A Jalopy Journal Interview Exclusive…
After all the replies to my “3 Things” post about Chip Foose, I thought it was worthy to sit down with the man and ask him some point blank questions about his personal views on traditional hot rods and customs. We all know that he’s received Ridler awards for high dollar, ultra modern show rods, but how does feel about a working man’s ’29 A Roadster or a bare-bones Barris-inspired 49 Mercury? Read below and learn a bit more…
JW: Chip- Thanks for doing this interview with me. You’ve seen the Jalopy Journal before, and you know that these guys are into pre-war and post-war hot rods and customs, through sort of the “golden age” of the 1950s, and up till the early 60s when over-the-top show rods began to appear. Now, you are known as a modern builder, but they have a lot of classic touches to them. When you see a 100% authentic, traditional hot rod or custom with nothing modern on it, what is it that you like about that kind of a car? What is it that you can take away from it to inspire you?
CF: Well, I love the traditional rods. When the war ended and the military guys came home, they were just trying to make em’ fast. But then there were people like Doane Spencer who was also making them beautiful. And then there was Sam Barris who was doing customs looking at aesthetics, and to me that’s what it’s all about- When you make something more beautiful. When I build a car, I’m asking myself, ‘what would the original designer have loved to do if he could have?’, but because they were building these cars for the public and were mass-produced, they had certain limitations. The engineers were making them easy to assemble, but I’m looking at the 50s cars I’m building as if they were Motorama show cars, and trying to do things with ‘what if the factory had done this?’. I don’t ever want a viewer to look at a car and say, “Wow. Look at what they did there!” I want them to look and say, “I don’t remember that car looking that beautiful.” It should, in my mind, just look better than what the stock car looked like, but not necessarily advertise what you’ve done to it.
JW: So lets take customizing a stock ’55 Nomad for example, or really any car from that era. What makes you decide what you change on that car? How do you determine what is ‘pushing a rock uphill’, versus the way to go?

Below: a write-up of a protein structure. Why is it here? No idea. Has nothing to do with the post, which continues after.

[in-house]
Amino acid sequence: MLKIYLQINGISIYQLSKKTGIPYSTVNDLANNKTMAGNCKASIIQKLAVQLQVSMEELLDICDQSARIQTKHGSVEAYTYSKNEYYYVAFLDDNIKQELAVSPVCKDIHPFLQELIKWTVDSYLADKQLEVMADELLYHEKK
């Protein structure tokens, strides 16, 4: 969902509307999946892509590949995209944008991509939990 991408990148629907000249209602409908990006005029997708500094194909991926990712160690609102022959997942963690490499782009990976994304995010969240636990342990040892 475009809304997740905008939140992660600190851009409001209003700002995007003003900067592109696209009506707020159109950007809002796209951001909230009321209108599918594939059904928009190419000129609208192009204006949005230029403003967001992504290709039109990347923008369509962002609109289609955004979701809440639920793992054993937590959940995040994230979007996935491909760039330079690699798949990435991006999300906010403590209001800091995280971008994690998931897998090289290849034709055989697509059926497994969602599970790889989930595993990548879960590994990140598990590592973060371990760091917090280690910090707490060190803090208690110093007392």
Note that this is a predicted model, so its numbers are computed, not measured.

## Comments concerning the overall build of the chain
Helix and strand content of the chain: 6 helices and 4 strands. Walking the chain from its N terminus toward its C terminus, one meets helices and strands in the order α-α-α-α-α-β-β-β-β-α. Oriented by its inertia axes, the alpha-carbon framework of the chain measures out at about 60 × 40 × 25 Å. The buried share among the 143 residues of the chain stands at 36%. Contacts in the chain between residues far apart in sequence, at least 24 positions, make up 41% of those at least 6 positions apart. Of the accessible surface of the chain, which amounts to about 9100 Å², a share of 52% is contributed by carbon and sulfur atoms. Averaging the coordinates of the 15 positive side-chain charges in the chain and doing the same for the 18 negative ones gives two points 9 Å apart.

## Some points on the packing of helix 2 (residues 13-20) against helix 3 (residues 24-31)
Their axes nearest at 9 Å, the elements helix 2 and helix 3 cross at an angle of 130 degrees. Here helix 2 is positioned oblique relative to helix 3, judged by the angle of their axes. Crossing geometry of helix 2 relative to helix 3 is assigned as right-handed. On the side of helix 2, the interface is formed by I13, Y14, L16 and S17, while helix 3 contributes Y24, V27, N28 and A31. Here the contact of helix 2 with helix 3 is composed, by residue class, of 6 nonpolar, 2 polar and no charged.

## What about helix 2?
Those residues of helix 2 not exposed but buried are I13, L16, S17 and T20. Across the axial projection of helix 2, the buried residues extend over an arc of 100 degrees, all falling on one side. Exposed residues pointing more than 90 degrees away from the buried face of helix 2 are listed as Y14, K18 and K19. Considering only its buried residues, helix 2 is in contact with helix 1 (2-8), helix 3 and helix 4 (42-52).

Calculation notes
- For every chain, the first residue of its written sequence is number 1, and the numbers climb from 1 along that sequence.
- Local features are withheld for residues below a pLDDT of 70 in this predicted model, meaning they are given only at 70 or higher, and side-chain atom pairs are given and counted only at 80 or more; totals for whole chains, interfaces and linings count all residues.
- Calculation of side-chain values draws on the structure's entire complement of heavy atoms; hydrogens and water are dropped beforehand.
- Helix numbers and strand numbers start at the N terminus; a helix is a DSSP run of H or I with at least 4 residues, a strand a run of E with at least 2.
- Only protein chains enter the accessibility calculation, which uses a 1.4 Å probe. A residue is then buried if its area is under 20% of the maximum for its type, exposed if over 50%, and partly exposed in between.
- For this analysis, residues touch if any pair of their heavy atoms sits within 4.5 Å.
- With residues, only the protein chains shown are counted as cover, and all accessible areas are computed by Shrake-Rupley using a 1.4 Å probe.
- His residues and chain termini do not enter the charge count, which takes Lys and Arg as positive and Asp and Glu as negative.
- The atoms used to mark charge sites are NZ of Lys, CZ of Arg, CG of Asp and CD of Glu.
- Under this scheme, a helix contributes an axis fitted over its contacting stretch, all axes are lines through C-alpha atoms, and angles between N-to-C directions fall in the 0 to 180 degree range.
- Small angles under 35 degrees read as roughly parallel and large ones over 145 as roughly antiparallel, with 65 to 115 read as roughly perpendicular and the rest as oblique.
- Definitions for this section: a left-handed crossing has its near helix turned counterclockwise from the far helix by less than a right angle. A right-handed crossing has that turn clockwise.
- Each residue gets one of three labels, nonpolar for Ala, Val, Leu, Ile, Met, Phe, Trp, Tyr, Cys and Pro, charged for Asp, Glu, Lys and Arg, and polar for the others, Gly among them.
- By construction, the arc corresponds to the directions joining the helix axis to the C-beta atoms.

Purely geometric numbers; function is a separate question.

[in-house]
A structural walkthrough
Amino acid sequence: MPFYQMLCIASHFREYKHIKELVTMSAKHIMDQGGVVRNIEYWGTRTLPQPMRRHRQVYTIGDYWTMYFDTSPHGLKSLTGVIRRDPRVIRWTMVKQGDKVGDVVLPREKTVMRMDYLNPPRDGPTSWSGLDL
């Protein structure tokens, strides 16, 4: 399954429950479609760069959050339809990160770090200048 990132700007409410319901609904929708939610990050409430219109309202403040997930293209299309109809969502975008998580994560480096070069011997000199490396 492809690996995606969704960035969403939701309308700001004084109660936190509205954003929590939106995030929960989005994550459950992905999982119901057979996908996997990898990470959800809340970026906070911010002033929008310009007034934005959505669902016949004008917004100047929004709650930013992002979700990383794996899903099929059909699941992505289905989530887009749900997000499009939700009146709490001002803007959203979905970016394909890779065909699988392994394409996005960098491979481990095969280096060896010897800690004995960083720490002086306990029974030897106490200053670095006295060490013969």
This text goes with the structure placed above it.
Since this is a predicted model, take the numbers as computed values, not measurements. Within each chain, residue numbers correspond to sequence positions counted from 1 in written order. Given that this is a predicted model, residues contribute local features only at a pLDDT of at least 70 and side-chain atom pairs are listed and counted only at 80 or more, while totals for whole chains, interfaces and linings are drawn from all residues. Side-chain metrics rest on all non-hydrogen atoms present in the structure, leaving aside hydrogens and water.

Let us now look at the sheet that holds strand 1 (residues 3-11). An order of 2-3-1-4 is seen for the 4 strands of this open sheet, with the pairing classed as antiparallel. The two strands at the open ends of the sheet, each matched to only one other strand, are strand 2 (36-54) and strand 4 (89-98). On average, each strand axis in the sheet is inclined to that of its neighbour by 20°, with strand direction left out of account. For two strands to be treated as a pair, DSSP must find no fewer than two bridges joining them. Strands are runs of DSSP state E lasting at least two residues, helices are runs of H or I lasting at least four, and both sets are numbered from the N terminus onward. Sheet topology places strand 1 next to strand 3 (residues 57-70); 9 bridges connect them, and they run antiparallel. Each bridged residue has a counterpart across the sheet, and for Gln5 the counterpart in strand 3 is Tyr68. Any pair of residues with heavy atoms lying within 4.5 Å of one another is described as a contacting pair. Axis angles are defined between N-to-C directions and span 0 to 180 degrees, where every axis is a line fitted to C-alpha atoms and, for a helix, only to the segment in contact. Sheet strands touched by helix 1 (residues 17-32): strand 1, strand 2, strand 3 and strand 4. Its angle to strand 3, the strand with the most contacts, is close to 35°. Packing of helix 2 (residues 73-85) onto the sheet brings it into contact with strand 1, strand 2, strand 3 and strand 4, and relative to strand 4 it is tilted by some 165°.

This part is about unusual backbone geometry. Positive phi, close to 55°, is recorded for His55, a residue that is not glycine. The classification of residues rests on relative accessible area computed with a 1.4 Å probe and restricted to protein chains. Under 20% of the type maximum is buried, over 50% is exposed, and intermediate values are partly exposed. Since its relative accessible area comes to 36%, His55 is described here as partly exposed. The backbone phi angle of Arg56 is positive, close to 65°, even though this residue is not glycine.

CF: Number one is proportions. So you look, and if one area just looks ‘heavy’ to you, what can you do to lighten that area up? And then of course, fit and finish is priority as well- How do the bumpers fit the car? Can we tuck those in? I like to think of all the fits as the door gaps on a car. When a door is fit properly on a car, you just have a simple cut line, but it looks like one whole form that just cut the doors out of. Every piece on the car should be the same way. A uniform gap, but also the surface is smooth from the fender to the bumper, and then that cut line is put in there. It’s like a clay model and you sculpted everything smooth and beautiful, and your cut lines are whats defining the bumper from the body. That cut line is just like a door gap. I don’t like the bumpers sticking way out from the body.
JW: What your taking about, those uniform gaps, is the hardest thing, is to get all those things tight- It takes a LOT of time, honestly that’s why the factory hung stuff so loose on the assembly line.
CF: Right. Whatever the longest station was on the line, whatever part took the longest to put on, that determined how long it took to build that car. So if a bumper was two inches wider than it needed to be to fit that car quickly, so they could just throw it up and not have to struggle with it or worry about dragging it on the body, or how close it was from left to right. Just throw the bolts on it, get it up and get it down.
JW: What are some of the Foose cars in your mind that have been successful at being modern, yet looking back and respecting that traditional era?
CF: Well I think every car that we’ve built, we’ve tried to make it a better looking car and not trying to be trendy. We don’t want to do things that everybody’s going to copy and want to look forward at. It’s so expensive to build a car, the last thing I want my customers to do is take one of my cars and 3 or 4 years from now, they are thinking ‘you know, I need to update this car’, or I don’t want people to think, “I remember when that was popular”. I want to design a beautiful car, and to me the ultimate compliment, to us, is 30 or 50 years from now, that that car is being restored by craftsmen, and they are restoring it back to the way we built it- Not to the way they want to build it or someone else. That means this car has intrinsic value and a timeless appeal. Something valued in the hot rod community that they would want to see it restored. Preserved.
JW: Yes. And I think what your talking about is exactly what appeals to traditional hot rod and custom guys. Like the Sam Barris green ’49 Merc that restored about 4 or 5 years back. John Mumford has that car, and it’s one of those things that you take it back to the exact way that Sam customized it, and it’s a beautiful car that holds up.
CF: Stunning. It’s like taking the Ala Kart and changing it. You don’t do that. These cars are a part of our history, and you preserve that history.
**That’s about half the interview, but I’m going to end it here for now. Hope you enjoyed!**